The result is that many students now face an unpalatable choice between a long commute, having to take on more part-time hours to subsidise the cost of renting, “or spending a disproportionate amount of their savings on accommodation that they didn’t budget for initially. They’re stuck between a rock and a hard place.”

Additional campus accommodation is being built at UCD and more will come on stream over the next few years, but much of it is luxury in nature. The new UCD Village offers “gold” and “platinum bedooms” in “ultra-modern apartments”. The platinum rooms costs €1,207 a month, not including utilities. Power is unimpressed.

Universities, because of their reliance on international student income in terms of fees, are essentially only providing a luxury-style accommodation

“We’re of the opinion that the type of accommodation being built in UCD and in college campuses around the country is of a very discriminatory nature. Universities, because of their reliance on international student income in terms of fees, are essentially only providing a luxury-style accommodation” geared towards those international students.

Students need accommodation that is “safe, affordable, sustainable. They don’t need double bed en suites. They don’t need studio apartments for themselves,” he says.

The effect of luxury student accommodation means “students from middle income and working class backgrounds are being completely and deliberately priced out of studying at UCD. The idea that they’ll just find accommodation elsewhere doesn’t stack up.”

He would like to see the €75 million earmarked in loans for universities to build student accommodation ringfenced for affordable accommodation “or even provided on a cost rental basis”.

The student union at Waterford Institute of Technology (WIT) struck a deal with the nearby Travelodge to offer a student rate of up to €49 per night.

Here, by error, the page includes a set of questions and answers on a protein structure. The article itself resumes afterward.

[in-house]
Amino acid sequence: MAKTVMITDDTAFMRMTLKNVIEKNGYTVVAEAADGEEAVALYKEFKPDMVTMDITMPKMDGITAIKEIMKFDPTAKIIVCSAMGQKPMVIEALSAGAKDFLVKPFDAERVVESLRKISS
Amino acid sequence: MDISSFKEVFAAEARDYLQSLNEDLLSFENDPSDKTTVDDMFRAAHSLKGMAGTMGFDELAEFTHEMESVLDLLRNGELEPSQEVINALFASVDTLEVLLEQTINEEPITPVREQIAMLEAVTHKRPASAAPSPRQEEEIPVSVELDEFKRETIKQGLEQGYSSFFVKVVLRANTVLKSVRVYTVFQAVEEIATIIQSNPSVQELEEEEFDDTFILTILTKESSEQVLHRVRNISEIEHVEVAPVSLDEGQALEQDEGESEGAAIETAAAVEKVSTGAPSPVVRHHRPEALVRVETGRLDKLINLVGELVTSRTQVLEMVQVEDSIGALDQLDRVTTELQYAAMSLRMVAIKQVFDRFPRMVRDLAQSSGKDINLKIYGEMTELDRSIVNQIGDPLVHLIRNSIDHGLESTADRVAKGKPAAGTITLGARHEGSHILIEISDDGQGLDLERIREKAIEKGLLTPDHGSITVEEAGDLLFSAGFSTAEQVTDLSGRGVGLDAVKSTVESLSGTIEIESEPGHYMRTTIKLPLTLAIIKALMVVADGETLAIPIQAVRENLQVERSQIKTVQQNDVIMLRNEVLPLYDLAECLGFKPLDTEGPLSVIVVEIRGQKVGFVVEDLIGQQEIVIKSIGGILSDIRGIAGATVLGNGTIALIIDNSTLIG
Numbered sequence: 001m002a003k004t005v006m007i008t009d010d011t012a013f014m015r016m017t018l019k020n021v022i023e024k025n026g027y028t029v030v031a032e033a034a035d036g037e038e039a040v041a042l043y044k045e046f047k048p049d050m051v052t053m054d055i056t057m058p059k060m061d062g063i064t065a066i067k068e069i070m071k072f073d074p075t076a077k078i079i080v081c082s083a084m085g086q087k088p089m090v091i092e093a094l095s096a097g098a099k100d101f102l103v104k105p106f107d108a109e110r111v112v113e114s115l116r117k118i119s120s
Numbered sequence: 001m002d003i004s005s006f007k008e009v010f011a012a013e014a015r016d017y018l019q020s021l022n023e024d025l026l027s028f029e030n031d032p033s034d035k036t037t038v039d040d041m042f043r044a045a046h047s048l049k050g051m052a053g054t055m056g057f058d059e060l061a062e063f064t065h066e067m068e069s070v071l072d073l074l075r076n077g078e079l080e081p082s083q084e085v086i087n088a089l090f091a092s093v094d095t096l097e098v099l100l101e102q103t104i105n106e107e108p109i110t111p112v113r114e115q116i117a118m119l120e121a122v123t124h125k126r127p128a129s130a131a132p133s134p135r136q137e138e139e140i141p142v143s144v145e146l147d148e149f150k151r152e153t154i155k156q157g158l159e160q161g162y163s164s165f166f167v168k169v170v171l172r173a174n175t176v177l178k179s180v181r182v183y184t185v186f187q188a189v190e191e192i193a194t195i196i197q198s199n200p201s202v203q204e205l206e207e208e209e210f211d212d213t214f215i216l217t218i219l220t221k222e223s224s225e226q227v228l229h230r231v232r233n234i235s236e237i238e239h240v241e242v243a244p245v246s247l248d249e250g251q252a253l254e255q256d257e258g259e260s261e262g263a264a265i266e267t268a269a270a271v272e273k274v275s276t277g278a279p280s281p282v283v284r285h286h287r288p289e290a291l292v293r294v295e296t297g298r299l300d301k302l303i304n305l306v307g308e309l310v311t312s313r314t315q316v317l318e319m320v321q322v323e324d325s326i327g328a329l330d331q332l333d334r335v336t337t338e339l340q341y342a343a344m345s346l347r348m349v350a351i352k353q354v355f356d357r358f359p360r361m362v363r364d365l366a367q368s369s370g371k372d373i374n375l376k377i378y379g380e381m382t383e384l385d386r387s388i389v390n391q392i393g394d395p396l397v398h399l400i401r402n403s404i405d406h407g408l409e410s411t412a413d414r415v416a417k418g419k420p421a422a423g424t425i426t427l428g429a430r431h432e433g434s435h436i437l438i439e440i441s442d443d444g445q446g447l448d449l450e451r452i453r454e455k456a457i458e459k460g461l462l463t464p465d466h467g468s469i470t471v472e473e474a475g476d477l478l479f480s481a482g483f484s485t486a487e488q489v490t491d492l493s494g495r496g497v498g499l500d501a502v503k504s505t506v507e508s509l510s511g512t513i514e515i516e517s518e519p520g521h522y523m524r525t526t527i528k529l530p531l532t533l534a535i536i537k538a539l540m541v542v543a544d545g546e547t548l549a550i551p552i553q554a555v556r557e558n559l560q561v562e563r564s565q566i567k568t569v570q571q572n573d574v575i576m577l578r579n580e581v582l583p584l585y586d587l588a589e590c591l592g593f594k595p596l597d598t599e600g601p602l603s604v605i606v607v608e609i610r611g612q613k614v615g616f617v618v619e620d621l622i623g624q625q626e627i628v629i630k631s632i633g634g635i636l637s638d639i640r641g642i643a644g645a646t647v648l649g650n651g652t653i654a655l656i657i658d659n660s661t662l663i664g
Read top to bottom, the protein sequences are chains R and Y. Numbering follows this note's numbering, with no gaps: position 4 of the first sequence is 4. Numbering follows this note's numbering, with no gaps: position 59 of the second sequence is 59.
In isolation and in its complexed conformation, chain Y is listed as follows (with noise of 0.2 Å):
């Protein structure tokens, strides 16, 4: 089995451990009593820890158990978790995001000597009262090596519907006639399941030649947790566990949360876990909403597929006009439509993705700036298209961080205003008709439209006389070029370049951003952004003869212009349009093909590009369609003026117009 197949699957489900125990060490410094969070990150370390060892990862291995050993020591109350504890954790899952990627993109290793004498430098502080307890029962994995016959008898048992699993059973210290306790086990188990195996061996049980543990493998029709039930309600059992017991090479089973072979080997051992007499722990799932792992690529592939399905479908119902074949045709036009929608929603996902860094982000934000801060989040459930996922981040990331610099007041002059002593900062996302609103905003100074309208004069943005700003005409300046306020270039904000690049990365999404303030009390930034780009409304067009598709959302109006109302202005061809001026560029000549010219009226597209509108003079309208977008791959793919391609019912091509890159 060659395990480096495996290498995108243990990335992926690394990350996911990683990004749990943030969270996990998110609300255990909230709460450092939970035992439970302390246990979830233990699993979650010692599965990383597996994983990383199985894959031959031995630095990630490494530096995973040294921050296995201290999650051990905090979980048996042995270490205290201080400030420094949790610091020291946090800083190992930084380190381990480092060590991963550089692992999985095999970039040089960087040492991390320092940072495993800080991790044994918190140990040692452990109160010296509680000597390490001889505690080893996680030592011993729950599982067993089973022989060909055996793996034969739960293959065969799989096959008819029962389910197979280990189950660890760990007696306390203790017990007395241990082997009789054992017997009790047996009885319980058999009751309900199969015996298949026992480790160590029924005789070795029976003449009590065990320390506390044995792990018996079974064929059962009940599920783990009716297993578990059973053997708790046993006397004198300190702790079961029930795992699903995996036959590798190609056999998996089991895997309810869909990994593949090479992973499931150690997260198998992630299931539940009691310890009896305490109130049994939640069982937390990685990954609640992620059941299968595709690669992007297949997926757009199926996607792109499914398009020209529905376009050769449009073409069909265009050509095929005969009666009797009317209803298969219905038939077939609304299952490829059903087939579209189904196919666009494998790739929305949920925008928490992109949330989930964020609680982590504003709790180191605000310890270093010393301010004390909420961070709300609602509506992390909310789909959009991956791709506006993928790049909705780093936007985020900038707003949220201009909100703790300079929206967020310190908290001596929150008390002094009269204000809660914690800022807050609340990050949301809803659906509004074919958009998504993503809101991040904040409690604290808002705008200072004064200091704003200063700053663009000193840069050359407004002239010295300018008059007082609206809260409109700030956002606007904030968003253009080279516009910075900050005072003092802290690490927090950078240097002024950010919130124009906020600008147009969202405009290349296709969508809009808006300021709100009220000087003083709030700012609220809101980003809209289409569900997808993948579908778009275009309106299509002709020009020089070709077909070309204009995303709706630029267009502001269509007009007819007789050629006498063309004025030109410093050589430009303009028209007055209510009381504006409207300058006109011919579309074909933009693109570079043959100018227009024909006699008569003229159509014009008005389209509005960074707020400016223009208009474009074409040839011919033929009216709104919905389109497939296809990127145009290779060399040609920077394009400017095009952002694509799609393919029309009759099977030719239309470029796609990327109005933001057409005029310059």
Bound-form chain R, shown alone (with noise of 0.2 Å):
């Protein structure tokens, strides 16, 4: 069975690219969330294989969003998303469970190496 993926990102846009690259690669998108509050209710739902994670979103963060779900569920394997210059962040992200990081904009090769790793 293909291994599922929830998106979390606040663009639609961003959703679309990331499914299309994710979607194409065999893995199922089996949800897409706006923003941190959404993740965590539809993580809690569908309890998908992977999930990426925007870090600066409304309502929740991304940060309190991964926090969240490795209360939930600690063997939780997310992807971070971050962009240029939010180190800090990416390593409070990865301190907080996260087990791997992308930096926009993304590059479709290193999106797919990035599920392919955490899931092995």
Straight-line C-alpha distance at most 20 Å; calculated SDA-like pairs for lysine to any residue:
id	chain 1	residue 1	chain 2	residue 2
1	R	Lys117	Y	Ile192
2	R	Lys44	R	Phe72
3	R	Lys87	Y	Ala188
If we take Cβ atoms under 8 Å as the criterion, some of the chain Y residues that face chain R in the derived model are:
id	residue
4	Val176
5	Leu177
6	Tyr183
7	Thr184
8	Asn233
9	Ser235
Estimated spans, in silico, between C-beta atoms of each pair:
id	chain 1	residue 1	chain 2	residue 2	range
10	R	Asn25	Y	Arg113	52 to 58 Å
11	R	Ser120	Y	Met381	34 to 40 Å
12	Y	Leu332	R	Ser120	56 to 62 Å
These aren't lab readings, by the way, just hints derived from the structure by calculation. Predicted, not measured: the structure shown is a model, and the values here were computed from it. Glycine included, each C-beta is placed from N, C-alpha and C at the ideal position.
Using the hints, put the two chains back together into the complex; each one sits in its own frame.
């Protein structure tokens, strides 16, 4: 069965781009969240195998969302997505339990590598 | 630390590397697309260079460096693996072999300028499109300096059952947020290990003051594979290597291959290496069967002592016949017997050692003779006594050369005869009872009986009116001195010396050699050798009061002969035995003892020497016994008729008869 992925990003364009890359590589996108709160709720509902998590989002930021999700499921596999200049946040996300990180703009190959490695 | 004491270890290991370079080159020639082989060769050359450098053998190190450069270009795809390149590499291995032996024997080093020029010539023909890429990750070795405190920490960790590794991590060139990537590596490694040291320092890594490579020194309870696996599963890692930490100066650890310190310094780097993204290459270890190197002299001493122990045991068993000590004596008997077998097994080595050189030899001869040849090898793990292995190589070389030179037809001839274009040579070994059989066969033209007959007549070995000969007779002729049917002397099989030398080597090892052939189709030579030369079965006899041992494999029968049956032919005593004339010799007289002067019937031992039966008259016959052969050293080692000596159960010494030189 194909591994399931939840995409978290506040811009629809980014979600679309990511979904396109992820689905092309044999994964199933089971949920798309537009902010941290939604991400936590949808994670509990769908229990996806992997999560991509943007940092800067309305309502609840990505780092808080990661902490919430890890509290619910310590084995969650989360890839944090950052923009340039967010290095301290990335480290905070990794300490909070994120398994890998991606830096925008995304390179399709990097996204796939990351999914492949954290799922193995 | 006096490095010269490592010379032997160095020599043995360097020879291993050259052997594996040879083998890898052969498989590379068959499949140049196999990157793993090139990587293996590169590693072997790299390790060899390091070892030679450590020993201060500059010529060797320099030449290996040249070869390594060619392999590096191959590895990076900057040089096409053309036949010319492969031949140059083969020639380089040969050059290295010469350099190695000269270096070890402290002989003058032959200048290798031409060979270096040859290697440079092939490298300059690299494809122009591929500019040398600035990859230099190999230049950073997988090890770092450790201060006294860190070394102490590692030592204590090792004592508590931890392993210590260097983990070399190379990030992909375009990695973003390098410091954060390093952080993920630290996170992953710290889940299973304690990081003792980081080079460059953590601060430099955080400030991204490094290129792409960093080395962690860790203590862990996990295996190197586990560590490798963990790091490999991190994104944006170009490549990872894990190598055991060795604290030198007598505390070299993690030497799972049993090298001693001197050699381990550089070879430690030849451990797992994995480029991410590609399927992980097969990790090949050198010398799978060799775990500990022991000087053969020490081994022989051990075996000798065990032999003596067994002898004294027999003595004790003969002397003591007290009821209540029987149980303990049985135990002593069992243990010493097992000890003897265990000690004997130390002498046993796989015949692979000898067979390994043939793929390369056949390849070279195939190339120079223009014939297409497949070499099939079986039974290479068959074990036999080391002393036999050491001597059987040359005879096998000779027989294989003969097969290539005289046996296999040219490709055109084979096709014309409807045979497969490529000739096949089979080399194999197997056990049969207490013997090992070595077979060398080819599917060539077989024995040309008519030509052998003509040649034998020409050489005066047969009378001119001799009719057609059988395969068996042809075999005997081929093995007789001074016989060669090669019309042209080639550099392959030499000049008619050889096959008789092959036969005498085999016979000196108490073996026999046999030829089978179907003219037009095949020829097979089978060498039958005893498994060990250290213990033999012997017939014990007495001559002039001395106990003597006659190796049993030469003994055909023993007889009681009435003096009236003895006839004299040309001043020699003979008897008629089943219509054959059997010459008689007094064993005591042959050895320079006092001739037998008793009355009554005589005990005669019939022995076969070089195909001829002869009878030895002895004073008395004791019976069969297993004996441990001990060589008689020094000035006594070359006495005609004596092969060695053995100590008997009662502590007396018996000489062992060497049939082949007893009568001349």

The student union at Waterford Institute of Technology (WIT) struck a deal with the nearby Travelodge to offer a student rate of up to €49 per night.

Staying in the Travelodge best option for some Waterford students

The student union at Waterford Institute of Technology (WIT) took the initiative a few years ago to strike a deal with anearby Travelodge to offer a student rate of up to €49 per night.

The arrangement came about as a response to students coming to the union saying “I’ve been sleeping on my friends couch; I’ve been sleeping in my car; I can’t go home because there’s no bus that will get me to my classes by 9 o’clock,” says students union president Rachel McCartney.

She expects many students will have to avail of it this year. “It’s a safe place for students to stay, to have their own room for the night on a low cost basis, until they can get themselves sorted,” in a city where public transport options are limited, she says.

On-campus accommodation costs from €2,500 to €3,500 per semester, but there is little availability left. Meanwhile, some of the private housing “that would have been rented to students” was rented to families during Covid, and is no longer available to students. Students in shared housing can expect to pay between €400 and €700 per month this year, she says.

When she started at college in Waterford in 2017, McCartney says her rent was €200 a month. “It’s crazy.”